Wednesday, December 10, 2008


Yesterday I completed the rewrite of POINTING FINGERS, an original student script by Frank Mills.

Why you ask is a teacher rewriting a student’s script?

Don’t teachers just give critiques and simple suggestions and leave it to the student to make any changes, so that the script will continue to reflect the student’s actual level of development?

What about when you have a student just learning the basics of scriptwriting who can barely afford to pay for your low-cost 5 session class? What if it’s a student, such as Frank, who also works full time and has family obligations? Frank happens to be about 60, but if he was one of our 23 or 35 year old students, it would still be the same. He will probably never have the time or resources to devote to fulltime study of scriptwriting. But what if he has good story ideas, interesting characters, and important themes he wants to see discussed?

Filmmaking is a collaborative art. It is also an expensive and complicated undertaking. You make films from good scripts that not only have interesting stories but that also use all the visual tools of filmmaking. I always tell my scriptwriting students, it is common that a screenwriter will sell a script – and then the producer or director will bring in another scriptwriter to rewrite it.


What?! Hey that’s my script! How can they do that?!

First off, you need to understand what a script is. It is not a book. It is a blueprint – and yours is the first draft of the blueprint, not the finalized blueprint that they are going to build the film from. A film is guided by the director – it is the director’s vision (and sometimes a producer with a very strong opinion – and the $ – will also have the right to influence the vision).

In the BYFC “Intro to Scriptwriting: Blueprint for Making a Class” the students all write one scene, one location, short scripts that can be shot as low budget films. I often get students who come up with interesting situations that might have a twist in the end and/or they write great dialogue and describe interesting characters. They almost always write about people and situations that are close to their lives: family; police; school; work; relationships/sex; troubles; violence; – and now and then humor.

What the students usually don’t get is a deeper understanding of why their characters do the things that they do, and a clear understanding of how every character in the scene might be impacted by events. (Understandings the average person dealing with real life usually doesn’t have.) They also don’t know yet how to tell their stories through a creative use of location, set, props, wardrobe, and gesture. They usually have their characters telling everything through dialogue. So when a director and actors and production design team get the script they are going to say –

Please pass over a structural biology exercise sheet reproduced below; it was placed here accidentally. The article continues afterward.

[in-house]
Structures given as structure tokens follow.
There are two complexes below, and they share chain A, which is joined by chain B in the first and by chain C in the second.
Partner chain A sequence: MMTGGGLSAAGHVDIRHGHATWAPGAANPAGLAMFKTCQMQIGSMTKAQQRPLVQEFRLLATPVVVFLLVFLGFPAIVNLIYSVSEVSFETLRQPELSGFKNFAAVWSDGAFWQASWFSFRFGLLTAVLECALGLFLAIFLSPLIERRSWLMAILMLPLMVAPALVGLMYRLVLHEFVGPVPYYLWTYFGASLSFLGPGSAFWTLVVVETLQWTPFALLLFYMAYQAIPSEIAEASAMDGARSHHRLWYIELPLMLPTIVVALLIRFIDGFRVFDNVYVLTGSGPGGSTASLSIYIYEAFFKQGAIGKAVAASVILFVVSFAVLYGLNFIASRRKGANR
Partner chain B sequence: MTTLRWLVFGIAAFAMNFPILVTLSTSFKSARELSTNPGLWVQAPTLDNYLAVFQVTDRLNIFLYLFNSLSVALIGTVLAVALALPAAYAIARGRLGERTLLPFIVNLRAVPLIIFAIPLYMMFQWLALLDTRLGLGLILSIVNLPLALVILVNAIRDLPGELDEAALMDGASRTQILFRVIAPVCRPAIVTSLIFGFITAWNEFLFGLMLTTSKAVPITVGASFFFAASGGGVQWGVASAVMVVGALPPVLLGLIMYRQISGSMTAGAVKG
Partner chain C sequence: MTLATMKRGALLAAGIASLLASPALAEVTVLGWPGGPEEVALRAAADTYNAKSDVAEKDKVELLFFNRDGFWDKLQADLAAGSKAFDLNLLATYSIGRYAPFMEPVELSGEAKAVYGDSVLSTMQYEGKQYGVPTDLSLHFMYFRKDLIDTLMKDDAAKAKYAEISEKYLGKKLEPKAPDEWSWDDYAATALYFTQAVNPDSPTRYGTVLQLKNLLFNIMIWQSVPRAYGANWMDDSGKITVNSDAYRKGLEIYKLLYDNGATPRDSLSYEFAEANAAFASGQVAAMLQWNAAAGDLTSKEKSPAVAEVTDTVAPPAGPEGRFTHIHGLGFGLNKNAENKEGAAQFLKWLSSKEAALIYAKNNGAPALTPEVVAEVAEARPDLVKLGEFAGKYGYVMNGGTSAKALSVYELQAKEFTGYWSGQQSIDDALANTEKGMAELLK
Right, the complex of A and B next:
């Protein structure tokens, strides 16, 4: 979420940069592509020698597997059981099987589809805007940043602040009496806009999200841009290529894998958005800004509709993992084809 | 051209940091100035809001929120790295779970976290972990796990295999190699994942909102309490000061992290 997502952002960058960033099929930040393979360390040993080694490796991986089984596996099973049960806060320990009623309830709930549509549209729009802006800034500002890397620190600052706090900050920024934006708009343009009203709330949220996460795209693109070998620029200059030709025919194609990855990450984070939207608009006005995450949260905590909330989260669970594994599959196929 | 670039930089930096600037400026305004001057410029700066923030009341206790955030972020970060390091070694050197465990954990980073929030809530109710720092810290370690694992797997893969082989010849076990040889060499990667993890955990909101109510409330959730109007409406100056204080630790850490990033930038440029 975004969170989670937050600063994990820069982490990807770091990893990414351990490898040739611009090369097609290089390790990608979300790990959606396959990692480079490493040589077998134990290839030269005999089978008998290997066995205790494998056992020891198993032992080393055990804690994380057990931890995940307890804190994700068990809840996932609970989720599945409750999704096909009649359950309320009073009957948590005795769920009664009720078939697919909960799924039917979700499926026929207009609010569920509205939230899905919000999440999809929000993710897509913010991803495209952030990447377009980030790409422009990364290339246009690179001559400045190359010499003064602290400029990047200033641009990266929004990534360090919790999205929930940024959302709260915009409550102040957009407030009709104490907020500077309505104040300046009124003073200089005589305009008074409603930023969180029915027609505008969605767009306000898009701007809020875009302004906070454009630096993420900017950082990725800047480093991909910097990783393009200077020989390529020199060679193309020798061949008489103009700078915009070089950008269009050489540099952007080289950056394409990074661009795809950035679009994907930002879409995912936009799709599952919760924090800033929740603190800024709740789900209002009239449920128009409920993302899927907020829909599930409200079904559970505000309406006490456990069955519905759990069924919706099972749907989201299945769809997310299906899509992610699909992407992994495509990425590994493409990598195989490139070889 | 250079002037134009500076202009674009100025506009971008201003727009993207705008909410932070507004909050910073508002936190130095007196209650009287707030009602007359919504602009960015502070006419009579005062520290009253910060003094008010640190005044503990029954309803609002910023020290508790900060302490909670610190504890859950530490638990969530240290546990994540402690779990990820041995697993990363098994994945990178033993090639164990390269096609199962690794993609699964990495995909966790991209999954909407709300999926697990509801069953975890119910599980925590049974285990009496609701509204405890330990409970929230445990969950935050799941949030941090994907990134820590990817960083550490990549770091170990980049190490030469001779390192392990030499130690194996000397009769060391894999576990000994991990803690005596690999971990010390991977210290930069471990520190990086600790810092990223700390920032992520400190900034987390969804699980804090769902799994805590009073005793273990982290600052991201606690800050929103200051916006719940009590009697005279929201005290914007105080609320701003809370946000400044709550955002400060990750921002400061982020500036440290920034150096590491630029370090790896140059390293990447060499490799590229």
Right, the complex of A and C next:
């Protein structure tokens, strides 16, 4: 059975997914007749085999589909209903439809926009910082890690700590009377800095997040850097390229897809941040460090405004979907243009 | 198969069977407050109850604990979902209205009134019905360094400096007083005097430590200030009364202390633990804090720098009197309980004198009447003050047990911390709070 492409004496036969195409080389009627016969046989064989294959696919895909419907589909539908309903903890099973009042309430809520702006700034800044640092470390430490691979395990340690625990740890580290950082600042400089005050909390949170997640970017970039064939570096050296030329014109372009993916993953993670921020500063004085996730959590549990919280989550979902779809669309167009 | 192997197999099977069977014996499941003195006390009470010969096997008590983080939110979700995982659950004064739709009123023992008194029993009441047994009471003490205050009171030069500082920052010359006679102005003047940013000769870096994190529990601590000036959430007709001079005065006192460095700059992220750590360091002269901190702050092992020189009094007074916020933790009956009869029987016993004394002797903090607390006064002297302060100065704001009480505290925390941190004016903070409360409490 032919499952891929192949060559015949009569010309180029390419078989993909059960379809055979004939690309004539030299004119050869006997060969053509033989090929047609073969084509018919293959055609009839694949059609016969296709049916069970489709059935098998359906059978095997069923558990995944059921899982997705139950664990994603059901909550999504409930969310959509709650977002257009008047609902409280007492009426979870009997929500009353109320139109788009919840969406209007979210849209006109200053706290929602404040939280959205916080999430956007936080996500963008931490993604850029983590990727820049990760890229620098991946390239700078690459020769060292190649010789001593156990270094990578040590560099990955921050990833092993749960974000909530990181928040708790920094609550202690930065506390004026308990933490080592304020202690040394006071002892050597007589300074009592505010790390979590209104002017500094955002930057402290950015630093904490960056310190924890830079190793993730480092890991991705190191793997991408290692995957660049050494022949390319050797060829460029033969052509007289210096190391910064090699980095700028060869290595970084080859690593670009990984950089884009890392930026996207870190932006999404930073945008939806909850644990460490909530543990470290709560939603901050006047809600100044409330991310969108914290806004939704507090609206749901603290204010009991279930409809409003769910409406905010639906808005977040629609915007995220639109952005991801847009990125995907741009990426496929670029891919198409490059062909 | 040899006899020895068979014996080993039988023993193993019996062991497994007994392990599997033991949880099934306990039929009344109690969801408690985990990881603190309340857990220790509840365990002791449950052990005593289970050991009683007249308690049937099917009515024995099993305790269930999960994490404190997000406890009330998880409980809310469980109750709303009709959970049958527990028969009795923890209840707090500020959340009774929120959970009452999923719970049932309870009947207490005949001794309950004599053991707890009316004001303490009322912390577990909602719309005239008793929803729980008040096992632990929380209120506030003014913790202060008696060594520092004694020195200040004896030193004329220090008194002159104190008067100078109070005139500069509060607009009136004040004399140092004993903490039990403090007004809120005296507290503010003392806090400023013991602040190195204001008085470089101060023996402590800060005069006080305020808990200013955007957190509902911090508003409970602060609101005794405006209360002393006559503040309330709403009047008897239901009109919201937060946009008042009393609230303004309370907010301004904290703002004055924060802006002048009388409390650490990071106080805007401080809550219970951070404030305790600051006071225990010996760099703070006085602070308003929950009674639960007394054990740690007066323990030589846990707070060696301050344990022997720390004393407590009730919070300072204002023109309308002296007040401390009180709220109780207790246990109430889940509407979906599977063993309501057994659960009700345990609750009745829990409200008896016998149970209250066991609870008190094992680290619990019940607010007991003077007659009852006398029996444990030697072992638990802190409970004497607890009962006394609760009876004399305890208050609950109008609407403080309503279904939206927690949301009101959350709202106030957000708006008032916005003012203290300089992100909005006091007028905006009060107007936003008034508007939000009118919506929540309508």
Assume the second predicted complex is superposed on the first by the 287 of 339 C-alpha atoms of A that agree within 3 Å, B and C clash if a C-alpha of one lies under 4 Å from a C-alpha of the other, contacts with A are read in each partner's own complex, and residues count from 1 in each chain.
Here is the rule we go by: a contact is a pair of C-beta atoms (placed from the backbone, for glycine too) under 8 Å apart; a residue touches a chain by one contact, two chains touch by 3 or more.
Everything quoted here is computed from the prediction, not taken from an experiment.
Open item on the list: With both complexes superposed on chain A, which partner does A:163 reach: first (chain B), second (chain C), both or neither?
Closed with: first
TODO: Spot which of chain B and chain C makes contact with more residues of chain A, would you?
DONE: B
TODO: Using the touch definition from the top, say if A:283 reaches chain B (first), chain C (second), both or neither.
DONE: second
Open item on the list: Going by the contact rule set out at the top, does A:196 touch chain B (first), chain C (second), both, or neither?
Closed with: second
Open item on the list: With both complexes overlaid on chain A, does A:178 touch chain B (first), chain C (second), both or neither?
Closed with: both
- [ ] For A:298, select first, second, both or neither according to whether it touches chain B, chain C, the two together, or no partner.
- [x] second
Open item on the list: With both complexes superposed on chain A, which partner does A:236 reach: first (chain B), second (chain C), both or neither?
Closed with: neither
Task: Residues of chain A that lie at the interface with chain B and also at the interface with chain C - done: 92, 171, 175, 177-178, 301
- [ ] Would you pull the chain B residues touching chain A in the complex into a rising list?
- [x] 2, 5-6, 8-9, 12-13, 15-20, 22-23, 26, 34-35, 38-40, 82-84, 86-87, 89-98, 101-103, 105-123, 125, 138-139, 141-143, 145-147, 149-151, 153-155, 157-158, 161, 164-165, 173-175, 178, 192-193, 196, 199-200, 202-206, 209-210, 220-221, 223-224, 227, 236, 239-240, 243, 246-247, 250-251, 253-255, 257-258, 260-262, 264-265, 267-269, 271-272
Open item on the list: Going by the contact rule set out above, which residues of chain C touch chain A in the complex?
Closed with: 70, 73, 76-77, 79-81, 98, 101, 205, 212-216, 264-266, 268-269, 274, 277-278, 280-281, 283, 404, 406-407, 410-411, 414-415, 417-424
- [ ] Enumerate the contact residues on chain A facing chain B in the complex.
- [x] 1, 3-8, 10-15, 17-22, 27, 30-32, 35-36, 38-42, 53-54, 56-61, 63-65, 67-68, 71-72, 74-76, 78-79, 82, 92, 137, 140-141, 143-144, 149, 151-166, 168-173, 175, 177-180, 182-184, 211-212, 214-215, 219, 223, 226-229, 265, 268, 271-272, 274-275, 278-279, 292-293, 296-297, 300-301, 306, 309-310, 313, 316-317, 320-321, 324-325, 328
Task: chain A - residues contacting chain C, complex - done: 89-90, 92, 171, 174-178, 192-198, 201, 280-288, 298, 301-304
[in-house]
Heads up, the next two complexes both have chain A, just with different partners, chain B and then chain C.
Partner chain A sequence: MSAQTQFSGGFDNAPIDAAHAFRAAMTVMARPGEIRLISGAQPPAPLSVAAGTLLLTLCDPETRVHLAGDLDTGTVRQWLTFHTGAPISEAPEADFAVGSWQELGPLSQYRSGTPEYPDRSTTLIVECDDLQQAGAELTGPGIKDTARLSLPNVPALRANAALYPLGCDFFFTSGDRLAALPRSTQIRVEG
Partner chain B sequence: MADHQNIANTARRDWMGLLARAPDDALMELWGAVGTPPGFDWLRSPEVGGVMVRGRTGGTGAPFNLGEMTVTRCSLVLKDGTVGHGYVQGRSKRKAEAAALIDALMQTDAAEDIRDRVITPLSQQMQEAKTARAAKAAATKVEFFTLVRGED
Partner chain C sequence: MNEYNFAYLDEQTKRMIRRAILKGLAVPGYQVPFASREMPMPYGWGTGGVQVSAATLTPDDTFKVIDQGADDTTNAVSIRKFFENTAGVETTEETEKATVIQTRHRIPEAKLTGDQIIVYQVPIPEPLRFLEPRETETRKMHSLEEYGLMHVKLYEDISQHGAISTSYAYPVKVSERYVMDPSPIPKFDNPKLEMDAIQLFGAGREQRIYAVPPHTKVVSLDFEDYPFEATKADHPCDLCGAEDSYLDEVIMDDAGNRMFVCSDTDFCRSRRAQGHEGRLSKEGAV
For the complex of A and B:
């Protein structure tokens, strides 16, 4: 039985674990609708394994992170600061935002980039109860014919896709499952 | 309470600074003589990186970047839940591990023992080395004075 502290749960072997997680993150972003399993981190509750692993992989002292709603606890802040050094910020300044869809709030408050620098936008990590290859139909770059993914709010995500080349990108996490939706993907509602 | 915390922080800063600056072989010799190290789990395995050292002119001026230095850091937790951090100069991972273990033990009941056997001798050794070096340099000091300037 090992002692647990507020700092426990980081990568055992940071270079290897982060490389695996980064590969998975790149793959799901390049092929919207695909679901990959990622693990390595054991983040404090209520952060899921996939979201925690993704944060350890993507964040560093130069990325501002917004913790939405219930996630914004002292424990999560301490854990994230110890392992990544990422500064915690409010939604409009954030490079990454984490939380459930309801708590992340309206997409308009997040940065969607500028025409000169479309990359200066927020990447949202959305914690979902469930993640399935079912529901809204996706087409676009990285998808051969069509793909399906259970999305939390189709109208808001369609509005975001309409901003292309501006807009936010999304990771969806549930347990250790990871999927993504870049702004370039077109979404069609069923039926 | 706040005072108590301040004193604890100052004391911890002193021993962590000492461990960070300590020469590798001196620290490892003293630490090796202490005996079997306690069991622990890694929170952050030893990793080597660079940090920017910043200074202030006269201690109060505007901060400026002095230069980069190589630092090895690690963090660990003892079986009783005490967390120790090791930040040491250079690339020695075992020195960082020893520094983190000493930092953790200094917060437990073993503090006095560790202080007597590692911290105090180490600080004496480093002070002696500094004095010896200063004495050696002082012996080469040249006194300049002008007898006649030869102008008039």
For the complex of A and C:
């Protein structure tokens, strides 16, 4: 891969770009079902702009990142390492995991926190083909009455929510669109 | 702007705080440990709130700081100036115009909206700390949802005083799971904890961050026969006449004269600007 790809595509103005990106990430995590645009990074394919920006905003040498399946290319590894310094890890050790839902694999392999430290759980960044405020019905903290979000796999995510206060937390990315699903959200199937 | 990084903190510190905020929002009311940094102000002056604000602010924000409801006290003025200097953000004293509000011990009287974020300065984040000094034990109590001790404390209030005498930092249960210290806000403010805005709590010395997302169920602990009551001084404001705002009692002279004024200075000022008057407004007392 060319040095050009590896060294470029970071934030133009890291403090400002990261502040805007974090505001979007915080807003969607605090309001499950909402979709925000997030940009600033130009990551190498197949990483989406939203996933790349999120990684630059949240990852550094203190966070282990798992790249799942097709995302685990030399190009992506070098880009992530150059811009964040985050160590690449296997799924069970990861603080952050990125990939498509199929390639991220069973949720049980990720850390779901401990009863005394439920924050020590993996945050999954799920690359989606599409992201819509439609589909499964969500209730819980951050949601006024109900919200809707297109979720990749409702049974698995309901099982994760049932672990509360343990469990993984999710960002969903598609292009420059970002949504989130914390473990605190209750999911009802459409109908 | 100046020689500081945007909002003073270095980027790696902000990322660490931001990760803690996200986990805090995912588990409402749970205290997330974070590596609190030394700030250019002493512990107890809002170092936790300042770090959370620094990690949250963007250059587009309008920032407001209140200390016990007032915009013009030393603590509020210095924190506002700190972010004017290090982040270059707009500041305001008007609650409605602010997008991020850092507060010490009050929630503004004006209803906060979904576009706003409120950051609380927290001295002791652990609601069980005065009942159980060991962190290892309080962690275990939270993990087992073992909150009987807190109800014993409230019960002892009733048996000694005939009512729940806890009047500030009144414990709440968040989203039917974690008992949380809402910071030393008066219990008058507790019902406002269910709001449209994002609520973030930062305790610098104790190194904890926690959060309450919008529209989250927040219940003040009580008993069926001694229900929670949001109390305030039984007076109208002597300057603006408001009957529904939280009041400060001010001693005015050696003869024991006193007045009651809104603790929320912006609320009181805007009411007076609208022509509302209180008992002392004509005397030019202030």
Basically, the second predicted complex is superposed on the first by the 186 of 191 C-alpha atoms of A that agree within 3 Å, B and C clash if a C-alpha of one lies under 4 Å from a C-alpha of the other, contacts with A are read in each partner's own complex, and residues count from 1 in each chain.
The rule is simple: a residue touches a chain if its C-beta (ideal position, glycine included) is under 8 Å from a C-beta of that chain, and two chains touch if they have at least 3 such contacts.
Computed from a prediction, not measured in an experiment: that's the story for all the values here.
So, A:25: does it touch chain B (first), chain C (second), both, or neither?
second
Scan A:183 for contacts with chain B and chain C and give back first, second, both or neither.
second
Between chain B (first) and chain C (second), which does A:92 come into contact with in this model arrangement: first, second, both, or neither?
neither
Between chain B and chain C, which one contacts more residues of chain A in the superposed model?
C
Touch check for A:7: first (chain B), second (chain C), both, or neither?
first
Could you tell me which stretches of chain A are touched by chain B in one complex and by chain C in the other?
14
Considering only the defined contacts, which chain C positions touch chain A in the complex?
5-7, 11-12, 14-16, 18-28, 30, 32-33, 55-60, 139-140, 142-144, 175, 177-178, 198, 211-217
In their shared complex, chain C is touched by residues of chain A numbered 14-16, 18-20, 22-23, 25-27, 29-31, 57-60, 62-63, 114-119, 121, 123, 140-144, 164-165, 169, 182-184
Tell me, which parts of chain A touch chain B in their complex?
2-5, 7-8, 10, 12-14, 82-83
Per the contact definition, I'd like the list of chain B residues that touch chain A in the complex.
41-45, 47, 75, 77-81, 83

“Why does the character do that? What’s the back story on the characters and the situation? What daily tasks does the doctor, or the waitress, or the mother, or the prisoner actually do? How might the character’s daily routines be upset by the situation? Why can’t we have the character do something to show her state of mind rather than have her explain it in dialogue? Let’s make this character younger so we can market to that audience too. I think this story would really work well if we put it in a night club instead of a church – but that means we need to change….. ”

Unless you have worked on a scripted film, you won’t understand how the “word” (or script) often gets transformed (lost) in the active ingredients that go into creating a real world for the camera.


So it’s been great to be able to take students from working on rough written blueprints to actually making a film. We’ve developed our own SUNDANCE-like lab, where we workshop the script, having students act out the scene as everyone analyzes step by step, word by word, all the options of how a person might act or react.

I consider our script workshops to be vehicles for teaching people about life, and we start off with their stories. But ultimately working with professional writers and filmmakers, we hope to show them how their stories can be made into art – into good films – and into “teaching stories” for others.

STAY TUNED: We will give you a chance to think about the questions raised in our script workshop. We’ll be putting up soon the original student script POINTING FINGERS and asking you how would you solve some of the plot points and deepen the character development.


first said...

Fort Greene's family potential is on the rise. This community filmmaking project could make a real difference in some people's lives. - Karimah

theonlyone said...

It happen to me I joined Brooklyn's young film makers and my life changed over night. writing my scipt over several times became something I looked forward to daily. My ideas just seemed to pour out and my script came together like a piece of art. I was one of those students that first wrote a small novel. first lady